U.S.-China trade friction, which has developed into a trade war, is casting a shadow over the Chinese economy. How the trade friction will play out will be the key to the future course of the Chinese economy.
The announcement in March 2018 of the sanctions against China based on Section 301 of the U.S. Trade Act acted as a catalyst for the escalation of U.S.-China trade friction. As is symbolized by the tit-for-tat tariff hikes implemented by the two countries, the trade friction has developed into a trade war. In response, China's exports to the United States, and by extension, its overall exports, which had remained robust until October, supported by last-minute demand ahead of the imposition of additional tariffs, have slowed down sharply since November (Figure 1). In addition, since the second half of 2018, declines in the major economic indicators, including the Purchasing Managers' Index (PMI) and the growth rates (year-on-year changes) of industrial production, retail sales and fixed asset investment, have also becoming clear (Figure 2). Reflecting this situation, China's annual economic growth rate in 2018 fell to 6.6%, the lowest level since 1990 (3.9%). (The economic growth rate in the fourth quarter of 2018 was 6.4%, the same as that in the first quarter of 2009, when the Chinese economy was impacted by the Lehman crisis).
In the current U.S.-China trade war, at first, China took the tough stance of trying to "stop the war with war," but it has turned conciliatory toward the United States as the extent of the damage done by the trade war to the Chinese economy has become conspicuous. A Chinese white paper titled "The Facts and China's Position on China-US Trade Friction," released by the State Council on September 24, 2018, indicated that China will implement, as national policies, most of the measures demanded by the United States, such as promoting sound development of the U.S.-China trade relationship, strengthening the protection of intellectual property rights, respecting foreign companies' legitimate interests in China, and deepening reform and widening opening-up.
As a major step toward reconciliation, at a summit meeting between Chinese President Xi Jinping and U.S. President Donald Trump on December 1, 2018, the United States gave China a 90-day reprieve (until March 1, 2019) from additional import tariffs and the two leaders agreed to immediately start negotiations. At a cabinet-level consultation meeting held in Washington on January 30-31, 2019, as part of the negotiations, the two countries discussed such issues as the protection of intellectual property rights, China's practice of forcing U.S. companies to transfer technology to Chinese partners, subsidies for state-owned enterprises, cyber theft targeting U.S. companies, and foreign exchange policy, in addition to the reduction of tariffs and opening of the market.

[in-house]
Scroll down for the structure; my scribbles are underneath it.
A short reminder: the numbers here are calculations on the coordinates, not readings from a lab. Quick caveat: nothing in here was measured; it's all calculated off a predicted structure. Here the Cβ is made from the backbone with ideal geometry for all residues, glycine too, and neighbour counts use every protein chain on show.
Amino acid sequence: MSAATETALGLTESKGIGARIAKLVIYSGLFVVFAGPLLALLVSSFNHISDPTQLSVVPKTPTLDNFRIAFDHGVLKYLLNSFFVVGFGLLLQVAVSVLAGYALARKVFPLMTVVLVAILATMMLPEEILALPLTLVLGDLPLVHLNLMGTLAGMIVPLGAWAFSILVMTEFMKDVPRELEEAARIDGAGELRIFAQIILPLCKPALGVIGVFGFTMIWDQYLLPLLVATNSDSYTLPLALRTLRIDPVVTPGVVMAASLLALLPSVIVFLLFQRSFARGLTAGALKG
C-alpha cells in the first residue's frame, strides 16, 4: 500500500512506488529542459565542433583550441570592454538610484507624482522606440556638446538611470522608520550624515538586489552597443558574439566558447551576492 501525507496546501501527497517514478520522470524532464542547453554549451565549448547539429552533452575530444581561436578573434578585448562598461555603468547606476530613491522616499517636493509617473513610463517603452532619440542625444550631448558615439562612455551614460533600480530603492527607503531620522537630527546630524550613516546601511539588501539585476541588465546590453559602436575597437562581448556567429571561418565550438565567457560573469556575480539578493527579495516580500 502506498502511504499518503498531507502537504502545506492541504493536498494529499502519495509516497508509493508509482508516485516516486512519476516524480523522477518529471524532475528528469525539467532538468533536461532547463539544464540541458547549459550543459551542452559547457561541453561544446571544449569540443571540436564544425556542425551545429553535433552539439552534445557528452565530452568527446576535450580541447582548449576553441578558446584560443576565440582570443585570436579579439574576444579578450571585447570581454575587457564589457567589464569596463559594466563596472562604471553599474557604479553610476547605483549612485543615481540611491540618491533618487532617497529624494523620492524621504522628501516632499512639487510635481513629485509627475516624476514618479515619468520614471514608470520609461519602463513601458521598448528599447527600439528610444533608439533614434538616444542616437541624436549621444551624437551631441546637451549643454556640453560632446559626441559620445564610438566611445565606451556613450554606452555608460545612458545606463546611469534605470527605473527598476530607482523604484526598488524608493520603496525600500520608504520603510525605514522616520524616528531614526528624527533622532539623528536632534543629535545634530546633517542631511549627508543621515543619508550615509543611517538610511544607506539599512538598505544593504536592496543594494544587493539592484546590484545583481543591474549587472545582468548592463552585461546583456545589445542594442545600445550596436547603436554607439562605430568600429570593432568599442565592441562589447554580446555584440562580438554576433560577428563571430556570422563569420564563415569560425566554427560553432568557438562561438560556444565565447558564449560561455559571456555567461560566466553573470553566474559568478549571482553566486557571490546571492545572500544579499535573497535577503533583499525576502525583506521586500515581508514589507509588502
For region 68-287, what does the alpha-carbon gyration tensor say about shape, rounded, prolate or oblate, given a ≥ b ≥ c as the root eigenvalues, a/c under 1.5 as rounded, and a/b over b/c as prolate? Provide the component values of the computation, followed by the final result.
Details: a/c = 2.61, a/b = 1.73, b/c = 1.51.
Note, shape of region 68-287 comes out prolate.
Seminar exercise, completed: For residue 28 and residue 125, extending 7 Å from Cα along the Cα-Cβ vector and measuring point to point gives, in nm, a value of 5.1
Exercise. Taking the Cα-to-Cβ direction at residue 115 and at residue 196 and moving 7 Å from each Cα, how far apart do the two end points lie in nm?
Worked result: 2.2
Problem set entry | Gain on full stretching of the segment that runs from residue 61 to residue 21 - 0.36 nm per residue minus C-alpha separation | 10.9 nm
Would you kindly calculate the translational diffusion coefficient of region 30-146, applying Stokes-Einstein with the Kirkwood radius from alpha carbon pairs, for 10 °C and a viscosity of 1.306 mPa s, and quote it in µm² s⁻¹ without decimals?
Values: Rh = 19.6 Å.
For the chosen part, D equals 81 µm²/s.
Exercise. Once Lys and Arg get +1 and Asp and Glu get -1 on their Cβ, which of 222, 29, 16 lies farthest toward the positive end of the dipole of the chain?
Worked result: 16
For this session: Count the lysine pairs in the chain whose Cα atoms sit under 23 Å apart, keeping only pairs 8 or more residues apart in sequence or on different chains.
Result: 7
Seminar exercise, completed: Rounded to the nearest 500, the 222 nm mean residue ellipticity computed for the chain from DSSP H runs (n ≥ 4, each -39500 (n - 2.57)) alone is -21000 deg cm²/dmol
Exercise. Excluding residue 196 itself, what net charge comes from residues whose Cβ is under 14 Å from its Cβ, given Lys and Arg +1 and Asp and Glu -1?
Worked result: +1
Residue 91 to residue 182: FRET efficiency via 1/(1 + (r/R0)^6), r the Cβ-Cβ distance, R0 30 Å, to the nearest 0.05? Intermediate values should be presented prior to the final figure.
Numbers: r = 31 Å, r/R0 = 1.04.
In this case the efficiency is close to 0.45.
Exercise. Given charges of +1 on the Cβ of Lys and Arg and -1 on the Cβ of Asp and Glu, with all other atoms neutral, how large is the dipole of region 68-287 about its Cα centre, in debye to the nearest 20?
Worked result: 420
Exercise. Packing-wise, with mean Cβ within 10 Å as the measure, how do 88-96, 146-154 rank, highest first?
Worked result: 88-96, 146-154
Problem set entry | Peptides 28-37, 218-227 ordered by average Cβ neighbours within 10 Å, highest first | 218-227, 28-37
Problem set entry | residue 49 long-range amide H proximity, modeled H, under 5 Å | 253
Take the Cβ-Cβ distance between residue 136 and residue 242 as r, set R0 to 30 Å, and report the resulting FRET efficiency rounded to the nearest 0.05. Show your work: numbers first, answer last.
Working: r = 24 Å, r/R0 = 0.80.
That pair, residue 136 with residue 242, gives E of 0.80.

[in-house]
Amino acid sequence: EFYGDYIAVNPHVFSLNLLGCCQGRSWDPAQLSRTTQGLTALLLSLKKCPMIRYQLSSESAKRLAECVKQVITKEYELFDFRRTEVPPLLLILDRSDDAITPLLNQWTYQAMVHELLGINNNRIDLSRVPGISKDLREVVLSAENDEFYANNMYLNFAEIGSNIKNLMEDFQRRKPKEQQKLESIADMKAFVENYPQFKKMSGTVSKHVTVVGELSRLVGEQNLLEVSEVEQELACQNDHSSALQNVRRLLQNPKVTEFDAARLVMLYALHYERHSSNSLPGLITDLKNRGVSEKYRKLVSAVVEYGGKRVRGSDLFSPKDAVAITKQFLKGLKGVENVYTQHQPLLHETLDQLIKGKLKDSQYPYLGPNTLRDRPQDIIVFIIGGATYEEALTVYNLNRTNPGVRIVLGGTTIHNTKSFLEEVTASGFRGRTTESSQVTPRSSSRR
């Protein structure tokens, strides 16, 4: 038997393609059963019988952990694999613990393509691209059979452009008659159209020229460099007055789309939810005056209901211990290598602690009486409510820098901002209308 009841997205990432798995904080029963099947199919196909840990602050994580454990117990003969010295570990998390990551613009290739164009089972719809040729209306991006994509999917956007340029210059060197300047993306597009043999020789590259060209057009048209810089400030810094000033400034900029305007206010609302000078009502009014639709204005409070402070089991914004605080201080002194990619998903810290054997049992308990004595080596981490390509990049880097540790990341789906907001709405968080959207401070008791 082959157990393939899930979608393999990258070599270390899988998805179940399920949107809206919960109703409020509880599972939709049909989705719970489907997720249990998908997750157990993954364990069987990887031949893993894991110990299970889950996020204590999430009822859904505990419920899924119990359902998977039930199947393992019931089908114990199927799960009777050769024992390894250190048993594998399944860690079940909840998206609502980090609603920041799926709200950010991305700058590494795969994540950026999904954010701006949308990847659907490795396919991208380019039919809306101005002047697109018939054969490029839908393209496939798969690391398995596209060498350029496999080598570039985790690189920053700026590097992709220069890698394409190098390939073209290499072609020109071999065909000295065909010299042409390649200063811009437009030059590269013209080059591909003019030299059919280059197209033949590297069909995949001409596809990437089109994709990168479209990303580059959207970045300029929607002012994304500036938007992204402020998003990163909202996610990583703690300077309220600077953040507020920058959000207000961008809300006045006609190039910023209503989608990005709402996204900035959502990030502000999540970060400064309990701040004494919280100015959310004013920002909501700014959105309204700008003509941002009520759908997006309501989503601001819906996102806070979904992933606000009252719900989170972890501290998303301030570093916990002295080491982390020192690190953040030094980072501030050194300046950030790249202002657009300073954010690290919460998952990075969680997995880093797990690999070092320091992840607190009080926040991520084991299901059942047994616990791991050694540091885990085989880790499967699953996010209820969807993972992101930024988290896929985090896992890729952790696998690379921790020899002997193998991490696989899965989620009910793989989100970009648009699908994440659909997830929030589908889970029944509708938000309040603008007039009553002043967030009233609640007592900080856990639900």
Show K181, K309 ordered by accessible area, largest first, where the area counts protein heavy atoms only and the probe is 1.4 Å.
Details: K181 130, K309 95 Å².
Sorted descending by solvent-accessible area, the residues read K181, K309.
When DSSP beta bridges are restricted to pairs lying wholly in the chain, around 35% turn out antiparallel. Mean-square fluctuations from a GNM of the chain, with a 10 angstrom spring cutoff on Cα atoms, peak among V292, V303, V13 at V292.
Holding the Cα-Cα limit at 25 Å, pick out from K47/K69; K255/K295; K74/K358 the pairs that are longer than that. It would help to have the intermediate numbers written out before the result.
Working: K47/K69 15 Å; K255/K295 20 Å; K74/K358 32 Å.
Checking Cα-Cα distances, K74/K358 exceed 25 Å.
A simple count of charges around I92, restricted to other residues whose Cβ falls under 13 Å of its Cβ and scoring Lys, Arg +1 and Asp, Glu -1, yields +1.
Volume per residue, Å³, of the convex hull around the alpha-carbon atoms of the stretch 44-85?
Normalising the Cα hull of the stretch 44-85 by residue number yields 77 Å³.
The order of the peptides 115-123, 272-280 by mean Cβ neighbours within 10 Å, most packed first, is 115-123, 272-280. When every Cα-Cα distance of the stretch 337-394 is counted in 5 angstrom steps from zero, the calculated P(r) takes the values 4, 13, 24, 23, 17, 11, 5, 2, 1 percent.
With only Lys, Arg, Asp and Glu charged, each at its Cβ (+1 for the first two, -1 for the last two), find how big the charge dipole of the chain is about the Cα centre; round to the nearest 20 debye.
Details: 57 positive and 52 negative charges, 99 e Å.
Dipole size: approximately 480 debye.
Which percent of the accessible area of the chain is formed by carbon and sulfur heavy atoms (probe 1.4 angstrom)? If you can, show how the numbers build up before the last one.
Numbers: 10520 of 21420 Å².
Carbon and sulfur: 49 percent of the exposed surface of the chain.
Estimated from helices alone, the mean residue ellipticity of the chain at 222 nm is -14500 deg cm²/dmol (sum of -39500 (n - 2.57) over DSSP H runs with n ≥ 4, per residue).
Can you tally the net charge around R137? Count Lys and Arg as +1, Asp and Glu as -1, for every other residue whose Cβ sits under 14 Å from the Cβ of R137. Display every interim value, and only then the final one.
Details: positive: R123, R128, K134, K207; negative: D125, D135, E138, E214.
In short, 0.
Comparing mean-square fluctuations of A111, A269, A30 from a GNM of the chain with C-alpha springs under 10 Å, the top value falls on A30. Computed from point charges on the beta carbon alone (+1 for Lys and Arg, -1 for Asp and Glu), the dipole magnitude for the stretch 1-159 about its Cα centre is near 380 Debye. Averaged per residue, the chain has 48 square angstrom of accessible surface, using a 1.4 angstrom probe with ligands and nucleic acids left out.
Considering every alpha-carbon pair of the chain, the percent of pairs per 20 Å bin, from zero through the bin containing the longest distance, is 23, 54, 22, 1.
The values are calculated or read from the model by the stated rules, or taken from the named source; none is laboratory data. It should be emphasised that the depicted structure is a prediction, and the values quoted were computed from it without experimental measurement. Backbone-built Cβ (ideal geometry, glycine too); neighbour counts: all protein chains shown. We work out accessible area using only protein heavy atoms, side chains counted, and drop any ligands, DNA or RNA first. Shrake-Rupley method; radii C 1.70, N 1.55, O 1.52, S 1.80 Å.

How the Chinese economy will perform in 2019 depends on whether an agreement on ending the trade war can be reached by the deadline. Let us consider two scenarios—one with an agreement reached by the deadline and the other with no agreement reached by then. First, in either scenario, Chinese exports to the United States will decline in the first half of 2019 as demand falls back in reaction to the last-minute upsurge before tariff imposition. If an agreement is reached by the deadline, the economic growth rate will bottom out in the second quarter and will increase in the second half of 2019 in line with recovery in exports, consumption and investment. In this optimistic scenario, the economic growth rate in 2019 will decline slightly from 6.6% in 2018. However, in the pessimistic scenario, in which an agreement will not be reached by the deadline and the tit-for-tat tariff exchange will escalate, the Chinese economy will slow down further, with the annual economic growth rate possibly falling below 6%.
In the short term, the U.S.-China trade friction is dampening the Chinese economy, mainly through a decline in demand. Over the medium to long term, the trade row could depress China's potential economic growth rate through supply-side factors. First, in order to avoid additional costs associated with U.S. tariff hikes against Chinese products, some industries will relocate business operations out of China to Southeast Asia and other regions. Moreover, the United States is strengthening restrictions on acquisitions of U.S. high-tech companies by Chinese companies. This, combined with strengthened capital control in China, has led to a steep decline in Chinese direct investments in the United States, from 46 billion dollars in 2016 to 29 billion dollars in 2017 and to 4.8 billion dollars in 2018 (Thilo Hanemann, Cassie Gao, and Adam Lysenko, "Net Negative: Chinese Investment in the US in 2018," Rhodium Group, January 13, 2019), making it more and more difficult for China to acquire technologies from the United States.
For China, which is catching up with the industrial countries from behind, importing technology from abroad has been one major factor contributing to its high economic growth. If China can no longer make the best use of this advantage of being a latecomer to raise productivity as a result of its trade war with the United States, its potential economic growth rate may decline. In response, China should devote more effort not only to indigenous innovation but also to industrial upgrading and the reform of state-owned enterprises.